I didn’t even watch the speech, nor read it, nor really care much at all about what he said. It is garbage, political propaganda that has nothing to do with getting us into space. The speech’s only real purpose is to puff up Barack Obama and his political allies.

The article above mentions Obama’s April 2010 space speech. What I wrote about that 2010 speech in 2010 focused on this promise by Obama:

[A]s stated in the speech’s fact sheet, that he “will commit to making a specific decision in 2015 on the development of a new heavy-lift rocket architecture.” Somehow this commitment was supposed to convince us that, despite his cancellation of the Constellation program (which already has had six years of development under its belt), his willingness to postpone making a decision for five years more would somehow accelerate the program.

How stupid does Obama really think people are? [emphasis in original]

Five years later, does anyone remember this promise? And is Obama making this decision now, as promised? No to both. The only reason he is building SLS is because Congress required him to. And the purpose of that rocket program isn’t to build a rocket, but to pour ungodly amounts of money into congressional districts.

To me, the real news this week was the big money private enterprise is beginning to pour into real development in space. That will get us to the planets, not the egotistical blathering of politicians.

Sarah Brightman’s first day of astronaut training

The competition heats up: A press conference in Russia highlighted the first day of astronaut training for space tourist Sarah Brightman.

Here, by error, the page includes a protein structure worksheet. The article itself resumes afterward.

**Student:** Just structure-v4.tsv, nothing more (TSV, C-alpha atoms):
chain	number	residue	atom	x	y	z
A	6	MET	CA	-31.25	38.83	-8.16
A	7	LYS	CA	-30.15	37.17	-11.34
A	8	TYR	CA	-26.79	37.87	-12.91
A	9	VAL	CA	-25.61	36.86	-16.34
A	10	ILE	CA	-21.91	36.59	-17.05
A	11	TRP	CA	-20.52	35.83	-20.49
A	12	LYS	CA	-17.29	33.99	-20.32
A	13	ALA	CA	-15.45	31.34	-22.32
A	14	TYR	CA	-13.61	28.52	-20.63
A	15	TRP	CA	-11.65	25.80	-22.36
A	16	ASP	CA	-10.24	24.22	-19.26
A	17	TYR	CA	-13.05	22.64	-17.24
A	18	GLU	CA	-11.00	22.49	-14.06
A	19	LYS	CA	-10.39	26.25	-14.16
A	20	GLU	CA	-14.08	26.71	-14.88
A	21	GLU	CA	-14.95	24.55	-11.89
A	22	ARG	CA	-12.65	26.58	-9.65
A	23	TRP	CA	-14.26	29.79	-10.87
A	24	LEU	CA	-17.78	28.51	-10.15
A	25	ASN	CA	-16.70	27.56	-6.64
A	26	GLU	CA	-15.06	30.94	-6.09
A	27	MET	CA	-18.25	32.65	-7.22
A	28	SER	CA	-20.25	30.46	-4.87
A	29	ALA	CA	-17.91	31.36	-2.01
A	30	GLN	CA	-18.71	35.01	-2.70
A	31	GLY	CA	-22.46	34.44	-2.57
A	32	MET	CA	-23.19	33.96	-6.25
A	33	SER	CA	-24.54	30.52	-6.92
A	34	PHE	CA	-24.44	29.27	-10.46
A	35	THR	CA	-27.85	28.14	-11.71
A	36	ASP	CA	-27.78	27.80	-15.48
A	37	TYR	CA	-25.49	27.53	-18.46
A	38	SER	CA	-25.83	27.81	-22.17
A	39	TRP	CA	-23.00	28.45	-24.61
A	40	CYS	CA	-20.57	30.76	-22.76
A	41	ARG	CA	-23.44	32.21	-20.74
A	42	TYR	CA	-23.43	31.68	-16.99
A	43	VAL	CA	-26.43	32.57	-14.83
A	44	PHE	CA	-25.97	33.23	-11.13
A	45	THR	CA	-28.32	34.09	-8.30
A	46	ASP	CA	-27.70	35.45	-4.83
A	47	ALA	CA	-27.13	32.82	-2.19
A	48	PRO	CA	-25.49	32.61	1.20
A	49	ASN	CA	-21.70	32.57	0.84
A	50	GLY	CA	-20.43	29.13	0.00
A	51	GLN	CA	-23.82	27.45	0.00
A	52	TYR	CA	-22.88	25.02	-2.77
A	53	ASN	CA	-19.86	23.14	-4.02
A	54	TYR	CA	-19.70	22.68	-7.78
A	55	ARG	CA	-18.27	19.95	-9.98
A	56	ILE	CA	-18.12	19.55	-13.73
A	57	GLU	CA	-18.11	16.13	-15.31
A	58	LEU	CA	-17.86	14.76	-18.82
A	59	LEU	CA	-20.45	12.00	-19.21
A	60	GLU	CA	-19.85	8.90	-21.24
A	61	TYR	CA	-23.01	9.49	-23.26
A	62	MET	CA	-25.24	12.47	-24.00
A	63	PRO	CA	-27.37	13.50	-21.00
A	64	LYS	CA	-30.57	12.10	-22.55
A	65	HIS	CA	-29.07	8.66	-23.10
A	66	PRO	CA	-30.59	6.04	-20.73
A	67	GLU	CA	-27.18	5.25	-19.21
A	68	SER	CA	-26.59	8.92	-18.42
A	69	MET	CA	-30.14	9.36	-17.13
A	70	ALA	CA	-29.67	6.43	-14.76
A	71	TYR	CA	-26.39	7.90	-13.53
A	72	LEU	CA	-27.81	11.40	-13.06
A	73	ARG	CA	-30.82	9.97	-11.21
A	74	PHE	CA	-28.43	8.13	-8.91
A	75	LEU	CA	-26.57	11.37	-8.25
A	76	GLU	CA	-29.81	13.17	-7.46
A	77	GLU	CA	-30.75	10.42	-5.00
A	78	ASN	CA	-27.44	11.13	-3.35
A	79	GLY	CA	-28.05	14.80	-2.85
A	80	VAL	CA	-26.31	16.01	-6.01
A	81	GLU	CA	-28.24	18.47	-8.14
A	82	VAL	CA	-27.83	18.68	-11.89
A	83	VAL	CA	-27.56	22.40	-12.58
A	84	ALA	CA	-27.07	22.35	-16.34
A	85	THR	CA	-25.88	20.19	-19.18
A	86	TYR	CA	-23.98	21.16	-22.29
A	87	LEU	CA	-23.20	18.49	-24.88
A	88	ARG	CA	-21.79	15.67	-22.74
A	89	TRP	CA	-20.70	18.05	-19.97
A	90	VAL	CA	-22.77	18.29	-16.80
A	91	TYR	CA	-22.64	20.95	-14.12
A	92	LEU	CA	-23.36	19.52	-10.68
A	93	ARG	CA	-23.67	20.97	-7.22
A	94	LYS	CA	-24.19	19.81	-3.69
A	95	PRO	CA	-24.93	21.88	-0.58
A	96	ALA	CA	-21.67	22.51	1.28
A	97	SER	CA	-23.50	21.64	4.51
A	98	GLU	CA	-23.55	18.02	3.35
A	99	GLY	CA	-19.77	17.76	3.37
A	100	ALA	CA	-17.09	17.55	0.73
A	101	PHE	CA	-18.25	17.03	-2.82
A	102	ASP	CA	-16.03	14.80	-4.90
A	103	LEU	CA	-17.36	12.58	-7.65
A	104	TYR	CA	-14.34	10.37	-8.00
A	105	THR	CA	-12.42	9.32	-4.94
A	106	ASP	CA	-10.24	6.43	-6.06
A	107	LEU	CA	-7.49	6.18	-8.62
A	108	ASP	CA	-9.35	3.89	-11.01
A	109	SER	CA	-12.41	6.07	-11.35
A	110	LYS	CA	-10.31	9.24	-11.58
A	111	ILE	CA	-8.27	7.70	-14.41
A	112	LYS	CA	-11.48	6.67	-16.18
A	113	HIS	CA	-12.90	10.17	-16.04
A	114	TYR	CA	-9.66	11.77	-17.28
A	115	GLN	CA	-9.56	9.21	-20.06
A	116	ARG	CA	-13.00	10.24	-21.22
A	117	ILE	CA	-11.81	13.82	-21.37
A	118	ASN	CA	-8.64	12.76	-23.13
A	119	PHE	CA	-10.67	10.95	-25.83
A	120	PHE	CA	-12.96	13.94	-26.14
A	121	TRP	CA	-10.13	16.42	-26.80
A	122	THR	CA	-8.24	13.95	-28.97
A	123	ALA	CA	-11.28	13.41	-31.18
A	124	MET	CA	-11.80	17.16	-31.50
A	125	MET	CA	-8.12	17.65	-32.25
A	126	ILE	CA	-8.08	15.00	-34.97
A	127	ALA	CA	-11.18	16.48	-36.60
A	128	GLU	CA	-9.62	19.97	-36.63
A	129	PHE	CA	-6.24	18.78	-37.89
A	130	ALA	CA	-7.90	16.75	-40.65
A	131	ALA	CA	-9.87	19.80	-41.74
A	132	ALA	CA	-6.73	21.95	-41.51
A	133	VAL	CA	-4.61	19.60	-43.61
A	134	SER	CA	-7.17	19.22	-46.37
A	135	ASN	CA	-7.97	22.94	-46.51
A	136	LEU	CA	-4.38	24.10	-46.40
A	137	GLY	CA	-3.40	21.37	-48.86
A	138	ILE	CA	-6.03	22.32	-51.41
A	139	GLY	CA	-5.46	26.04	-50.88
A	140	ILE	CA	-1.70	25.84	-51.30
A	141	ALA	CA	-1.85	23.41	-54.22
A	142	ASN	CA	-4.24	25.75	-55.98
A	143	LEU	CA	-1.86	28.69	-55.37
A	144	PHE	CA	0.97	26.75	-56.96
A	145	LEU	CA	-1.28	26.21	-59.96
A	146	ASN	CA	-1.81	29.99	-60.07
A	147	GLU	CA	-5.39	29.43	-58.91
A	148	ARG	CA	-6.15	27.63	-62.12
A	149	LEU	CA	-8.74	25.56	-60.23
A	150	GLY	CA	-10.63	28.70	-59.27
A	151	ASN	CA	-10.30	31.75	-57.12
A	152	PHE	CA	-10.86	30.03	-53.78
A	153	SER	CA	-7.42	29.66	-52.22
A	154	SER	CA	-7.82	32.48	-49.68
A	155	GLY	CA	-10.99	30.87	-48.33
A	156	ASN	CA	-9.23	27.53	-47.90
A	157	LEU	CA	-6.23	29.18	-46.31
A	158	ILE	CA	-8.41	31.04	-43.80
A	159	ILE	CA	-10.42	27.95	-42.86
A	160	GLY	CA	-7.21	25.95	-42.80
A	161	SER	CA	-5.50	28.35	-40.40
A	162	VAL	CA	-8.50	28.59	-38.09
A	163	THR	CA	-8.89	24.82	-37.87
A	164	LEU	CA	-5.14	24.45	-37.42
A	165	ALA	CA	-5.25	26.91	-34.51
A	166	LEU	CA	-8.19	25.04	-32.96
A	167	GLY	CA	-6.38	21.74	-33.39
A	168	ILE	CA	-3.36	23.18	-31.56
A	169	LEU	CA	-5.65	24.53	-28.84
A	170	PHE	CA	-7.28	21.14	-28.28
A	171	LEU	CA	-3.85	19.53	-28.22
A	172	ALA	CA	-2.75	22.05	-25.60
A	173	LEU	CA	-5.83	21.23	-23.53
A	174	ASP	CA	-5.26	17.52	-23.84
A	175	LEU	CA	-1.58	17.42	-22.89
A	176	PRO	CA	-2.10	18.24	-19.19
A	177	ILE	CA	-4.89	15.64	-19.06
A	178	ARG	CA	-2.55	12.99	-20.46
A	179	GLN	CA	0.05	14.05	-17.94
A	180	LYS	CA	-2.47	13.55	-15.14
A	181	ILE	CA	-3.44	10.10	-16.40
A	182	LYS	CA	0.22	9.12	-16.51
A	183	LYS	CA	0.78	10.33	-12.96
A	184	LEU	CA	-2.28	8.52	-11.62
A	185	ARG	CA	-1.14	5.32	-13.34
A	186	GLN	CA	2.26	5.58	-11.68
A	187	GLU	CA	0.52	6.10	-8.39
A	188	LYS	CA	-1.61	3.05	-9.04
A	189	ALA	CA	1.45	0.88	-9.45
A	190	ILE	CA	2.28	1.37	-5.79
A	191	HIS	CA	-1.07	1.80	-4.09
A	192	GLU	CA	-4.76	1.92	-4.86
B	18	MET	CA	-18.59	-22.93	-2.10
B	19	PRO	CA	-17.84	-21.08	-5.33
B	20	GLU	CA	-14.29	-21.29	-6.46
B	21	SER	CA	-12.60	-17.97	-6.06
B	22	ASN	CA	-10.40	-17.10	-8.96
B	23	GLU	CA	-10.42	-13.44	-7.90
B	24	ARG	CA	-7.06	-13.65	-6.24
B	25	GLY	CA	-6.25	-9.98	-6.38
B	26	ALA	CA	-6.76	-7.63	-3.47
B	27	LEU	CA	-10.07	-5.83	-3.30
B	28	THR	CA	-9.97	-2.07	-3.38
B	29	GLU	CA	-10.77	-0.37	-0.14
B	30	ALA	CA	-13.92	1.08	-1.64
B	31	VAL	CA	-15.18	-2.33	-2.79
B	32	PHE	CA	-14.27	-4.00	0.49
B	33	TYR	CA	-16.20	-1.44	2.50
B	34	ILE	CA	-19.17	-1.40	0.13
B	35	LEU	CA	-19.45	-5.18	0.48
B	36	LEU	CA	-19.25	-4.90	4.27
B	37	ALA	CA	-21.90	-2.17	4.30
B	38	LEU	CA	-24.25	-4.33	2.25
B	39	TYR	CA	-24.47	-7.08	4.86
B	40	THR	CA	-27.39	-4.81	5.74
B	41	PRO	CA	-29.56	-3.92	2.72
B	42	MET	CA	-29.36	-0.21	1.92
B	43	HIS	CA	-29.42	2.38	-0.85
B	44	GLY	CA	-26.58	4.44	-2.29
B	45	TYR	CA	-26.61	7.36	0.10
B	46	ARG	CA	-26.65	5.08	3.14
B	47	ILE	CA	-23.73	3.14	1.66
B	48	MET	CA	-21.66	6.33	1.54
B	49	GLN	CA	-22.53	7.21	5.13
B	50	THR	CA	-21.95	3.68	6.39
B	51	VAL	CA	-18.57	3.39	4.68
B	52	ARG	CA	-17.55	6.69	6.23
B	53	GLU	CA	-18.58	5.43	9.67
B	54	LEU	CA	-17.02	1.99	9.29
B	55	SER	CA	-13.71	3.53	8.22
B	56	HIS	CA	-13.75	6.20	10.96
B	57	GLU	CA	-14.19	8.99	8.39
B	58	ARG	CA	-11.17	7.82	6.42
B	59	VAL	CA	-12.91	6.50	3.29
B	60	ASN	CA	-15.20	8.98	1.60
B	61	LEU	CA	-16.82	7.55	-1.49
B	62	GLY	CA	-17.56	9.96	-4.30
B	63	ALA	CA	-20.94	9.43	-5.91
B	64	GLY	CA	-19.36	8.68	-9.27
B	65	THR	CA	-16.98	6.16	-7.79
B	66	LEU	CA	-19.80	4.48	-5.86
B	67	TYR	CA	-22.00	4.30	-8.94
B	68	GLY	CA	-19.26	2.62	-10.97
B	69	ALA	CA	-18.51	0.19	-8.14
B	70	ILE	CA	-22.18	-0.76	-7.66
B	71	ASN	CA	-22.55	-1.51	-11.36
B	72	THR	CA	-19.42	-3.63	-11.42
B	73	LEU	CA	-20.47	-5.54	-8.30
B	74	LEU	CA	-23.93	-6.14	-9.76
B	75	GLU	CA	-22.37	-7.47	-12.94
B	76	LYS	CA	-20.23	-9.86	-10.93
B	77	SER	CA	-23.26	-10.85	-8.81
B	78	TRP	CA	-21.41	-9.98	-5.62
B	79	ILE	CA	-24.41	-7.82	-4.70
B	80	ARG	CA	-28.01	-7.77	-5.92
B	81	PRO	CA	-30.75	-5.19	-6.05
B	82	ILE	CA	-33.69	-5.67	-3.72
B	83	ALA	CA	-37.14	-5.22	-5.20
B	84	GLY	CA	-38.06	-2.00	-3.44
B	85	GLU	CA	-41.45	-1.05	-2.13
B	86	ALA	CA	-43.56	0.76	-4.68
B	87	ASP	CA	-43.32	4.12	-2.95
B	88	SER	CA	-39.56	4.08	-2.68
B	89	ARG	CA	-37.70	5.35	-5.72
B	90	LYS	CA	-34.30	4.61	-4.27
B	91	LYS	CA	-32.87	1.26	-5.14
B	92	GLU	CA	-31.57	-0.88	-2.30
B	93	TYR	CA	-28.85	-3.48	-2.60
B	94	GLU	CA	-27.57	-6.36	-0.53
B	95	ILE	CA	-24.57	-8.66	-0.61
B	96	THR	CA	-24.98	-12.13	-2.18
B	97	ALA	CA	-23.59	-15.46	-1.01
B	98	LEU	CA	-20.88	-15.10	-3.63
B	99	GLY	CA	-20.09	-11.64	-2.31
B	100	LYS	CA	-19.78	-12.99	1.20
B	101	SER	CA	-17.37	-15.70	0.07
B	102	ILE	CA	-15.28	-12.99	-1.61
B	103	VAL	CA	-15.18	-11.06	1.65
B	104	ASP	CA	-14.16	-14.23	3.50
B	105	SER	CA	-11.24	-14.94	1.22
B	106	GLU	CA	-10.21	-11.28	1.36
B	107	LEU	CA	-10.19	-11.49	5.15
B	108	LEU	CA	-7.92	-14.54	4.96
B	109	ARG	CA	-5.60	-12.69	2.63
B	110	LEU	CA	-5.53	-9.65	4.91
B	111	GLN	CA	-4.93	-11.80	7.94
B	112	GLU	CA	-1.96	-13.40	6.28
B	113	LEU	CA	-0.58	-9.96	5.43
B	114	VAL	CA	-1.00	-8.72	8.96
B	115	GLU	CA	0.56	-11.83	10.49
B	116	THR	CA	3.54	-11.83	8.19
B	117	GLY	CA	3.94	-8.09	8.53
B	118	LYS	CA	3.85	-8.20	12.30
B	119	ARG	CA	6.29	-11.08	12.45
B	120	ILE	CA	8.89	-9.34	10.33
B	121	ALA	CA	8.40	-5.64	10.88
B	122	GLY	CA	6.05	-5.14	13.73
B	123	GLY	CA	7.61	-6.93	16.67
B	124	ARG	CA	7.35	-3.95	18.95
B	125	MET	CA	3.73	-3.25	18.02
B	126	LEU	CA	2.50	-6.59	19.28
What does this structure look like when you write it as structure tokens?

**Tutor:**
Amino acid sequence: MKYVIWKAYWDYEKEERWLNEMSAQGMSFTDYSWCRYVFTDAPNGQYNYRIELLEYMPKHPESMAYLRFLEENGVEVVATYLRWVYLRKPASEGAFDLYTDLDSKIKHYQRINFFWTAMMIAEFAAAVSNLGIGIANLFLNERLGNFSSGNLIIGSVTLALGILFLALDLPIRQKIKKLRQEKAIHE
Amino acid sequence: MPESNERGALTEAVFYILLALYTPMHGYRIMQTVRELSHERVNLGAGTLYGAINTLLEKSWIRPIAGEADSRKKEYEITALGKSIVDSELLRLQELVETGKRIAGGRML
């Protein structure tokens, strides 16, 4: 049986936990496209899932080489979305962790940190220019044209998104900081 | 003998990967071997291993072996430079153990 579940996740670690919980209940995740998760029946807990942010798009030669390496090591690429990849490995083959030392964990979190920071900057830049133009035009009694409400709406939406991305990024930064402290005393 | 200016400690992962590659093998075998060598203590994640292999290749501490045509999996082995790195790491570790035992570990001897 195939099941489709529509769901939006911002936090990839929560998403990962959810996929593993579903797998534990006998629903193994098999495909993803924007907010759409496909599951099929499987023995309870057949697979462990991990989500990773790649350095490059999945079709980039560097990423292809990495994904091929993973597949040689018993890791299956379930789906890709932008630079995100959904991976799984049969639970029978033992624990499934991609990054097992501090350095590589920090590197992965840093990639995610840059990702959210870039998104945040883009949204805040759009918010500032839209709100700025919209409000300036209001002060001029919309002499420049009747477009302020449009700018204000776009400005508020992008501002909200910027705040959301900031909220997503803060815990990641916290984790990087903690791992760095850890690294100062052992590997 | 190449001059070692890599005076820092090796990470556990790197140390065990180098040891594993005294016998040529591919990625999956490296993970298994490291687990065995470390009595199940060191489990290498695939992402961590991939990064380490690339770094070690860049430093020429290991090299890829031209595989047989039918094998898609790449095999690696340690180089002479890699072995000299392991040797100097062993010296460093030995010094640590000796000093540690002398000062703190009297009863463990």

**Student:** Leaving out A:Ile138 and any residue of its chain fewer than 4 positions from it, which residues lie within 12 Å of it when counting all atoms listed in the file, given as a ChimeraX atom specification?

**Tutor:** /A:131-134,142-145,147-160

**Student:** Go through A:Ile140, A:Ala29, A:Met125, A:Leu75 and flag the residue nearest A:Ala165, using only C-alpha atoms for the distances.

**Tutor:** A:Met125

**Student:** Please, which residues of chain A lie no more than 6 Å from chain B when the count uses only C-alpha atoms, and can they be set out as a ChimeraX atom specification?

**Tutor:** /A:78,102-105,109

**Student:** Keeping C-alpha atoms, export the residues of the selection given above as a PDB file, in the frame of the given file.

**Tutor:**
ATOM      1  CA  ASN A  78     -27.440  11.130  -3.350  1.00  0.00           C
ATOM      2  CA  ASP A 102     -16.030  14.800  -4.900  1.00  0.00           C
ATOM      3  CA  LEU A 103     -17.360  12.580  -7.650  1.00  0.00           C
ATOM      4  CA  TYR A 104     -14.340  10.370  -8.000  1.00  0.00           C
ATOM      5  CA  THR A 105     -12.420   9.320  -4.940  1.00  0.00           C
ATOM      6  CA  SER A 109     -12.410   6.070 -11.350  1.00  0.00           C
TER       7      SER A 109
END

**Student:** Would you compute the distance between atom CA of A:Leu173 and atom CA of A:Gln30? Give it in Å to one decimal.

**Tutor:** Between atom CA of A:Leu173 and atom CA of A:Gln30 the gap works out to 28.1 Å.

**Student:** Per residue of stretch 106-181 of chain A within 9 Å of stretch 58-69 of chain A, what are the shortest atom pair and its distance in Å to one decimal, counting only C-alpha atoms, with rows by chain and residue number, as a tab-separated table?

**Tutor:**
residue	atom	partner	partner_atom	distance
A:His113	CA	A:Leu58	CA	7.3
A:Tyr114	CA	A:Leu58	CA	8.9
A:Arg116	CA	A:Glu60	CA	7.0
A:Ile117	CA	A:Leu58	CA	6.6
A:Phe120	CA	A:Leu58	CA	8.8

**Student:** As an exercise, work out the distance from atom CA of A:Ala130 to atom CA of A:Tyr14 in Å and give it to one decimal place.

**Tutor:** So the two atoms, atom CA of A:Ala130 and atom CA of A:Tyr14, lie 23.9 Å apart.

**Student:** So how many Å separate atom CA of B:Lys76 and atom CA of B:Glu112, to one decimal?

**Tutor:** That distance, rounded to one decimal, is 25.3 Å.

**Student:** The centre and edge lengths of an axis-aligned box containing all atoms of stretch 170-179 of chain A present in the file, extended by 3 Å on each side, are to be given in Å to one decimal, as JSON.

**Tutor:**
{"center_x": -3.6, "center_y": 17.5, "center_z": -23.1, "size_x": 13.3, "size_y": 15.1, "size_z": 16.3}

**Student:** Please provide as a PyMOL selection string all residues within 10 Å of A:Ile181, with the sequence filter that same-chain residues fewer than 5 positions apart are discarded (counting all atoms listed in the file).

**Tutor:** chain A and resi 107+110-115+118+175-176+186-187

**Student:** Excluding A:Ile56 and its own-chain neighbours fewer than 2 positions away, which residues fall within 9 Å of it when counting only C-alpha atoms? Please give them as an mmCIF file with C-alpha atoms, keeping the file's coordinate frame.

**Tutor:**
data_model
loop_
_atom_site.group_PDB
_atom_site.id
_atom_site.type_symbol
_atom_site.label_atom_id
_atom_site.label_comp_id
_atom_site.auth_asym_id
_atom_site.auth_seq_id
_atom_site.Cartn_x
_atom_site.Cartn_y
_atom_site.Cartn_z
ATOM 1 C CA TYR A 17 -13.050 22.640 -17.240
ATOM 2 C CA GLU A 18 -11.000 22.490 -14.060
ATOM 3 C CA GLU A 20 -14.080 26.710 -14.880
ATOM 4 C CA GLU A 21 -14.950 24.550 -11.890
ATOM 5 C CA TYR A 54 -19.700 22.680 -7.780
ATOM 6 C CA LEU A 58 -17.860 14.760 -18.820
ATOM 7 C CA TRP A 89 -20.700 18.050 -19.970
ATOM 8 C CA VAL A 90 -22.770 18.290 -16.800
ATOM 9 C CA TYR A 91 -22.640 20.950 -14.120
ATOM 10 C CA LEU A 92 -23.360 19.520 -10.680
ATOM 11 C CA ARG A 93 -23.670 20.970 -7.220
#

A ten minute video excerpt of the conference is below the fold. The most interesting part of the video, however, has nothing to do with Brightman. Instead, it was what was said by her back-up space tourist, Satoshi Takamatus. Since the age of six he had wanted to be an astronaut. At 22 however Japan’s space agency rejected him because he wore glasses or contacts. He then became an advertising executive who in 2001 arranged to shoot a commercial on ISS using Russian astronauts. While in Russia, he apparently met the right people and, using those contacts, has now come back at 53 as a paying customer. If Brightman has any issues that prevent her from flying, he will step up and replace her. If not, he is tentatively scheduled to fly himself in ’17 or ’18.
» Read more

NASA explains why it picked Boeing over Sierra Nevada

In a report released by NASA late last week, the agency outlined the reasons it picked Boeing’s CST-100 manned capsule over Sierra Nevada’s Dream Chaser mini-shuttle for the second contract to provide manned ferry capabilities to ISS.